Yeah. I got bored. I have made it 9 days and don’t care to go all 30. I know I am capable. But living on just wild vegetables is not only boring but also drains all my energy. I have no energy to do other tasks or even take walks with my dog. I could survive on it but who wants to? I don’t know how vegetarians do it. Manufactured supplements I guess. No wonder cultures who just gathered vegetables never had any other accomplishment. They were too weak.
Yes, it is snowing today. I will be munching on leftovers of previous plants. The ones that don’t wilt.
BECAUSE OF WINTER RUNNING THROUGH MAY THIS YEAR THIS IS THE LAST REGULAR POST OF LIVING OFF THE LAND. THERE WILL BE MORE VIDEOS RANDOMLY THROUGH THE YEAR.
Here is a video of the spring sunshine.
This is a weed that people try to get rid of almost as much as dandelions. What a shame.
It is cold. The weather keeps getting worse instead of better. 38 degrees today. Down to 34 tonight with a chance of snow.
Today’s new plant is the Bigleaf Aster. Also called the Large-leaved Aster, Big-leaved Aster or many more. You get the idea. An Aster with big leaves. My favorite name? The Big-Assed Leafster.
This plant grows in big blankets around the forest floor.
It is not a delicious plant in my opinion. But also not terrible. More of a good survival plant than a daily vegetable. It is very easy to gather. Easy to gather means less calories expended which could mean life or death in a survival situation.
It can be eaten raw or cooked like spinach. The flowers that come out later are also edible. The plant is said to be very nutritious.
The roots are not necessarily edible but have been used by the Iroquois and Ojibwa for medicinal uses.
The top of the leaves are smooth while the bottom and stems are fuzzy. At this time of the year they can be confused with Bitter Dock, which is also edible. Later they look much different. Seeing them side by side shows they are quite different. The video displays the features a little better.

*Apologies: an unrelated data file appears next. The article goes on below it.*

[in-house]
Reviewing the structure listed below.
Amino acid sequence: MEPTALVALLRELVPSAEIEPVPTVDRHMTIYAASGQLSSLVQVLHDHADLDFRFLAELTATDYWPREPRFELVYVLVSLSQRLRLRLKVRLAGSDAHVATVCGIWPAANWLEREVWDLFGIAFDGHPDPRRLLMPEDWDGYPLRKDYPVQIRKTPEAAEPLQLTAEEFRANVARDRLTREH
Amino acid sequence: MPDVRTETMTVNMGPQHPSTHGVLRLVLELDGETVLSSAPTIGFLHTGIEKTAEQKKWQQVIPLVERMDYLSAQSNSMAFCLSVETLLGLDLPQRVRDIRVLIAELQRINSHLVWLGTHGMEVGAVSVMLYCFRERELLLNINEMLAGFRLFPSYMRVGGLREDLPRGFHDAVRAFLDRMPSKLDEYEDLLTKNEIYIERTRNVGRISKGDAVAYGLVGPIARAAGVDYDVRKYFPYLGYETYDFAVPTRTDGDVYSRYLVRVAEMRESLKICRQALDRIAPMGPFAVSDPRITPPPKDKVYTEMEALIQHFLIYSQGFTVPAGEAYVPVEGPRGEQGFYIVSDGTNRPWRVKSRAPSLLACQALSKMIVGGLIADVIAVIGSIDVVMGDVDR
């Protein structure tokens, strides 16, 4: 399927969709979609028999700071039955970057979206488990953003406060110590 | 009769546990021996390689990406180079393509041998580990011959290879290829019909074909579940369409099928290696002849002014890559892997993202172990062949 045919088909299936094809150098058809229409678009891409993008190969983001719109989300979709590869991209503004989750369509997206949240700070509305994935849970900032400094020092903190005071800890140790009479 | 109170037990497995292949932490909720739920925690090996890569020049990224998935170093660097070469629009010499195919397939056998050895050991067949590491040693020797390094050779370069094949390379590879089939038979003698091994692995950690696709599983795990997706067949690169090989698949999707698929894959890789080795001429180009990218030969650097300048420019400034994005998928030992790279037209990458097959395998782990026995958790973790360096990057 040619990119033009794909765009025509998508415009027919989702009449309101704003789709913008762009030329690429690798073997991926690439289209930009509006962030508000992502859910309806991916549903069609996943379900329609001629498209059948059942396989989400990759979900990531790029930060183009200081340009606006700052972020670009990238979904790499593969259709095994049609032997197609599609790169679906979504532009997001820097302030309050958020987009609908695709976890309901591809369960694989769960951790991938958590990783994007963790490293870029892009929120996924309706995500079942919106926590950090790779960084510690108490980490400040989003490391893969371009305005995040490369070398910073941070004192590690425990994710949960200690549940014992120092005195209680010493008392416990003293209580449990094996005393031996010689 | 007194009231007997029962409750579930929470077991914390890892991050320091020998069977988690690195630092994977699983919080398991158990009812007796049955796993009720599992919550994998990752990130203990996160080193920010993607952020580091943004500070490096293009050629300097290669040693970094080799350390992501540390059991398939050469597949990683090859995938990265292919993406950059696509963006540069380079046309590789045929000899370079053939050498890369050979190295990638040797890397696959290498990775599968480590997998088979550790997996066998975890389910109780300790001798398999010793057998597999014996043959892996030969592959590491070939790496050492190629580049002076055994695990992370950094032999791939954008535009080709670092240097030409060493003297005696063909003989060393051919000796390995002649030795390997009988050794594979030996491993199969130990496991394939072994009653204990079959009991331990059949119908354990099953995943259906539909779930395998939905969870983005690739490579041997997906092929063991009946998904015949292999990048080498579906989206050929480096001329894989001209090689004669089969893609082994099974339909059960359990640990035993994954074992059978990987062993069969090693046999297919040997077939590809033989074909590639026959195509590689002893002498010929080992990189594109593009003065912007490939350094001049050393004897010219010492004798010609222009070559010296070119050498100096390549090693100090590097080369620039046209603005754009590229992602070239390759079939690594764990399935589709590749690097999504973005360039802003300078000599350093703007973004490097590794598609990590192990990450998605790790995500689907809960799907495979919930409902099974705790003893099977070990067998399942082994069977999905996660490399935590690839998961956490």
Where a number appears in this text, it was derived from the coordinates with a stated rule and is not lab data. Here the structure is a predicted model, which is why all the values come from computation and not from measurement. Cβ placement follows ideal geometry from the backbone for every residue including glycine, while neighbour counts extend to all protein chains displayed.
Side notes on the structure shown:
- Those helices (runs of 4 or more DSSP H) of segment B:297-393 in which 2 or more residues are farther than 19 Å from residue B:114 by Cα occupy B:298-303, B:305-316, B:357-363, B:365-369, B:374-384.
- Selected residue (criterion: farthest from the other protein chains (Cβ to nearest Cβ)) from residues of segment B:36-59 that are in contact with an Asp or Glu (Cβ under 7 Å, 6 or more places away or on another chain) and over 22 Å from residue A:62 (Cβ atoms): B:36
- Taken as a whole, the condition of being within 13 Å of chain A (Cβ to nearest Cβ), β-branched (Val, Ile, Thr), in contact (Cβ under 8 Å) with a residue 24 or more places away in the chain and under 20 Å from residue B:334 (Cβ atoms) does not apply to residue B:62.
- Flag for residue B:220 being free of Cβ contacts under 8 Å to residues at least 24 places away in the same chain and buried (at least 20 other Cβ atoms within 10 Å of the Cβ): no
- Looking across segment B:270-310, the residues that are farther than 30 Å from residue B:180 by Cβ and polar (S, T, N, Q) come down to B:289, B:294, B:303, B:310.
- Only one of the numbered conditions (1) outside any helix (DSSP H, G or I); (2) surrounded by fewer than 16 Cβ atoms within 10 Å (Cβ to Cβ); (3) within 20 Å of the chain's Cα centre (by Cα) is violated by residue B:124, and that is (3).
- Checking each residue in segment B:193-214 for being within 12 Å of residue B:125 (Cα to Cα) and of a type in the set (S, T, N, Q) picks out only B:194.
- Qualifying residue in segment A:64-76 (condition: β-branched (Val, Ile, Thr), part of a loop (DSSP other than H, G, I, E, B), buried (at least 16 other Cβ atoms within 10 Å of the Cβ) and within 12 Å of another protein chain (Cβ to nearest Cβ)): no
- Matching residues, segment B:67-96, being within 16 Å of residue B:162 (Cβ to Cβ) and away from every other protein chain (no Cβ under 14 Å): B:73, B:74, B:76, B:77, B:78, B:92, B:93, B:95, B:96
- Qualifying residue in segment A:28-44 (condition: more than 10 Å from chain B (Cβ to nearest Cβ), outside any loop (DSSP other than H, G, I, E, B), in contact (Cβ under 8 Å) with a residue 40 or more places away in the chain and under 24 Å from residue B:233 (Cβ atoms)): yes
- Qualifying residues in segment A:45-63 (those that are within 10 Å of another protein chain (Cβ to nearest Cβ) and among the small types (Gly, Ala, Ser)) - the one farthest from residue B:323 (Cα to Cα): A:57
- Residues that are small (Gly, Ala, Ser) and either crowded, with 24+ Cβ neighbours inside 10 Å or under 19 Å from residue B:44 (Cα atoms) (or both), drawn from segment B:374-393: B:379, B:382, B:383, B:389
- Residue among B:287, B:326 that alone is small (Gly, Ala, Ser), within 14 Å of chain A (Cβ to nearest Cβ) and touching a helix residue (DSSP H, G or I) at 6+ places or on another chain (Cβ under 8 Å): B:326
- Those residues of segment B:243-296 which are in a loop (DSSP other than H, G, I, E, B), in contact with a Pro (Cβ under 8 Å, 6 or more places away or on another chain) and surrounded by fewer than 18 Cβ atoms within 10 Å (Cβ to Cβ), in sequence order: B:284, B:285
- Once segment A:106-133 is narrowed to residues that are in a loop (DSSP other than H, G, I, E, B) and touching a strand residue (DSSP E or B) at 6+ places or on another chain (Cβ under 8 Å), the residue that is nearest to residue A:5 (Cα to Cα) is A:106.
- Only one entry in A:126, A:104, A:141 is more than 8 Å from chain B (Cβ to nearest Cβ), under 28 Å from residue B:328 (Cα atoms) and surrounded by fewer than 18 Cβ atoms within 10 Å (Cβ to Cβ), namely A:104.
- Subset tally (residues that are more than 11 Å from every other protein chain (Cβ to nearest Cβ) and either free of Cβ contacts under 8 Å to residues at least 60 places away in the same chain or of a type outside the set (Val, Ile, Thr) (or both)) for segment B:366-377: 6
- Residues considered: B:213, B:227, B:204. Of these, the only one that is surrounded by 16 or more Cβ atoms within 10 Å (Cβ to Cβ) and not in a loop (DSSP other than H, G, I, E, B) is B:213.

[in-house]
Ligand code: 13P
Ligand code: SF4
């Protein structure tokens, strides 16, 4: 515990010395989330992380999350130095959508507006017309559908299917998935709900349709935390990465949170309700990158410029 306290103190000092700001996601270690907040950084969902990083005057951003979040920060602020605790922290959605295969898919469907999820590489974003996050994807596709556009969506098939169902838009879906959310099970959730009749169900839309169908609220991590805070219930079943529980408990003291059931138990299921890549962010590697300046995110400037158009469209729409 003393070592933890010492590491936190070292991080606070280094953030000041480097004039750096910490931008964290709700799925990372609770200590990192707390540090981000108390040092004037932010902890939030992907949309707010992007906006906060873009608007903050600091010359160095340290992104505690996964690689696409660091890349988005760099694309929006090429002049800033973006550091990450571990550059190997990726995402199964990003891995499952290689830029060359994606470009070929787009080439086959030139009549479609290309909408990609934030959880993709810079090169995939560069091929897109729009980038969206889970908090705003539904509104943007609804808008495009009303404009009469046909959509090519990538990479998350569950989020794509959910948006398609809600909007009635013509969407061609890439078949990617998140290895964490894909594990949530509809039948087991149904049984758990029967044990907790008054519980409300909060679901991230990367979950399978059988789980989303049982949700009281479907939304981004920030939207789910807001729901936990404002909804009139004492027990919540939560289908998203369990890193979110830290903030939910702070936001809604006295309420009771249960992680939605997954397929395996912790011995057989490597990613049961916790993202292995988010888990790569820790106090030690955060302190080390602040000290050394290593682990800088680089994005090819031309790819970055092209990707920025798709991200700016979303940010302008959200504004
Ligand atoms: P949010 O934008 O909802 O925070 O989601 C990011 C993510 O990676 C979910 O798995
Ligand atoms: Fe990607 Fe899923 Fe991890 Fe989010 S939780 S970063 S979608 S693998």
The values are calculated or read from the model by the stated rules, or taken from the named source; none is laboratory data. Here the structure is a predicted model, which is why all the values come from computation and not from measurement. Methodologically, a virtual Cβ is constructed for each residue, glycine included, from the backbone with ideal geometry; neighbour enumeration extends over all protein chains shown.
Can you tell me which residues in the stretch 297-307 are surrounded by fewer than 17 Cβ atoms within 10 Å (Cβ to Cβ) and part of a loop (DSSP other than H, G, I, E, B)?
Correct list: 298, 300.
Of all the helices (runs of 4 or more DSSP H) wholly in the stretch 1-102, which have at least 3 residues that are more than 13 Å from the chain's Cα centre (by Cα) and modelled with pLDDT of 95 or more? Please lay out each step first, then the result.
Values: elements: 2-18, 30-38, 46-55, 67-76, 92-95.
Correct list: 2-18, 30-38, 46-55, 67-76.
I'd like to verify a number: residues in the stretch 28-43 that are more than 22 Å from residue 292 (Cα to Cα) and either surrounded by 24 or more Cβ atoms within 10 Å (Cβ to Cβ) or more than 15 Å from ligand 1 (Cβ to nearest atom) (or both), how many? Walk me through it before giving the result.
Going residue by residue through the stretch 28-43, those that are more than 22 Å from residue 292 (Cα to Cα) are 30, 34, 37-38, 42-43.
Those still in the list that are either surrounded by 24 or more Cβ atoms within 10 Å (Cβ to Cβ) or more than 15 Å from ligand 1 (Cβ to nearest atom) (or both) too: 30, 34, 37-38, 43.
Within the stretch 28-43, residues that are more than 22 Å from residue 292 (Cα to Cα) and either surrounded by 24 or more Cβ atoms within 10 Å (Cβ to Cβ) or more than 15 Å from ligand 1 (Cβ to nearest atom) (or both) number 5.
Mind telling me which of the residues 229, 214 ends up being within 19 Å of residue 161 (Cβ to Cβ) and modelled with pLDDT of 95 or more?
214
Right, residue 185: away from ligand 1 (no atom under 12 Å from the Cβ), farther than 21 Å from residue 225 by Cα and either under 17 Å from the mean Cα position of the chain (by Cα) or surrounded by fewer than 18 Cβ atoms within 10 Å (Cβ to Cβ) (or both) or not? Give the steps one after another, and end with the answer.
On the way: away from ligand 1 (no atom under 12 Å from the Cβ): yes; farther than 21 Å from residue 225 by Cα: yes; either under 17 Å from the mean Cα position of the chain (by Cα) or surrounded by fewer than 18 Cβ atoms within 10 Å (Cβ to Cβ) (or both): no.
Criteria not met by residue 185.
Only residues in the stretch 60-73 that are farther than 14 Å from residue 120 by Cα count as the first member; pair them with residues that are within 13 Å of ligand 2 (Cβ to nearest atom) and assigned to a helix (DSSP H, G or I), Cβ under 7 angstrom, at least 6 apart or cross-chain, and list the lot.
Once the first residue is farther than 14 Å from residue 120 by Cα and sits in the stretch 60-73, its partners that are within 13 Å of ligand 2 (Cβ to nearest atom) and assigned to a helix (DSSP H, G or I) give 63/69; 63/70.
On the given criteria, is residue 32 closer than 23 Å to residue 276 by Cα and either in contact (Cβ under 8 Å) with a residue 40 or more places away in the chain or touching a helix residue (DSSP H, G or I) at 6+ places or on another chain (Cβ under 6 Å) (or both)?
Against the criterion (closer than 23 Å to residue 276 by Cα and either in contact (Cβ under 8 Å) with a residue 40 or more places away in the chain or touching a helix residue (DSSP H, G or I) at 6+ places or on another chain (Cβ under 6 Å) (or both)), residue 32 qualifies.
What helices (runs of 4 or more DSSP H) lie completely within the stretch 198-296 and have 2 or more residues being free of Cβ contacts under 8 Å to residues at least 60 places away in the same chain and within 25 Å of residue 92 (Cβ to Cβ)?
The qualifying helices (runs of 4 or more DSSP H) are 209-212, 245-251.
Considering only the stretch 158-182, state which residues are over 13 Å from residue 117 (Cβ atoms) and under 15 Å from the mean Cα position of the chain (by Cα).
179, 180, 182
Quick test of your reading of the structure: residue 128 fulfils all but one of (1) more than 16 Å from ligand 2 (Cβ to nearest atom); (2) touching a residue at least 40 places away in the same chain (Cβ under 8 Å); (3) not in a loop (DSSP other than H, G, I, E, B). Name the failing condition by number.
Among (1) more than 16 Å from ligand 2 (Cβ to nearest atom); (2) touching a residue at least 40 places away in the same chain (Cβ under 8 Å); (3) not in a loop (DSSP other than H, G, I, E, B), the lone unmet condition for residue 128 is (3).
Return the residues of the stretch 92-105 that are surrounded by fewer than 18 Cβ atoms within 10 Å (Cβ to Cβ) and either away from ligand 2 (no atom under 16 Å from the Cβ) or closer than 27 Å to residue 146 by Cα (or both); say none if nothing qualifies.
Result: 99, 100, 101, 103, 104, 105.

I mentioned Trout Lilies earlier. Today I went back down to Oil Creek to collect some bulbs. Trout Lily bulbs are crunchy and delicious but they are tiny and difficult to gather. You need to not only dig the plant, you need to dig the area. The bulbs could be up to a foot away from the plant they are attached to.
Note in the picture the long stringy roots. The bulbs are at the end. The roots themselves taste a lot like the bulbs. These bulbs are very tiny. I have found them up to marble size. Shooters.
The video is a tour along beautiful Oil Creek several miles from my cabin.
Today a short video on Cleavers. Again I will edit to add content. I am having problems with my computer. My phone or tablet is hard to work with.
I’ll write this up later. Enjoy the video.
Today it is very rainy. I gathered my food in the rain. Then when I thought there was a break in the rain I shot my video. But the rain didn’t hold off.
Today I ate the tree my daughter planted in third grade. She is 29 now and the tree is over 40 feet tall.
It is a Linden tree. Also called a Basswood. The leave are one of the best salad leaves you will find in the wild.
These are very young leaves. If I would have been a few days earlier I could have eaten the buds. They are good too. Linden leaves have no strong flavor. Much like iceberg lettuce isn’t strong it takes various dressing very well.
The next item is Ground Ivy or Gill-,Over-The-Ground. This grows in many yards.
It is very aromatic. In fact it is used as an essential oil. Essential oils do not mean they are essential for life like essential amino acids or essential vitamins. It simply means it is the essence of the plant. Extracted as oil usually by steam extraction. They are often used for aroma therapy. Because of this Ground Ivy does have a strong flavor. It is all edible but probably best as an additive to soups or salads or other recipes rather than eaten by itself.
Finally, I have also collected a plant I have already talked about. Garlic Mustard.
But this time I am not using the low, fresh leaves for flavoring. After my last comments about the plant I was informed that the stems are also quite good.
They can be boiled, steamed or fried much like green beans or asparagus.
I was not aware of this. I thought they were too tough and stringy. But then so are many domestic vegetables until they are cooked properly. I also look forward to trying these pickled.
Second day of 30. And I’m hungry. Still looking for that hamburger tree. Just kidding.
Today I will start on two items that will become a staple of my 30 days.
First is Cattail.
Yes. That is a cattail. They aren’t very big at this stage and don’t have the familiar “cattail” flowering top.
But that is not the part I am eating now. Spring is the time for cattail shoots.
They are easily pulled out with a squeak. The white part on the end is what you eat. When you get to the green it starts to get tough. Also when they get over a foot or so tall they are too stringy and somewhat pithy.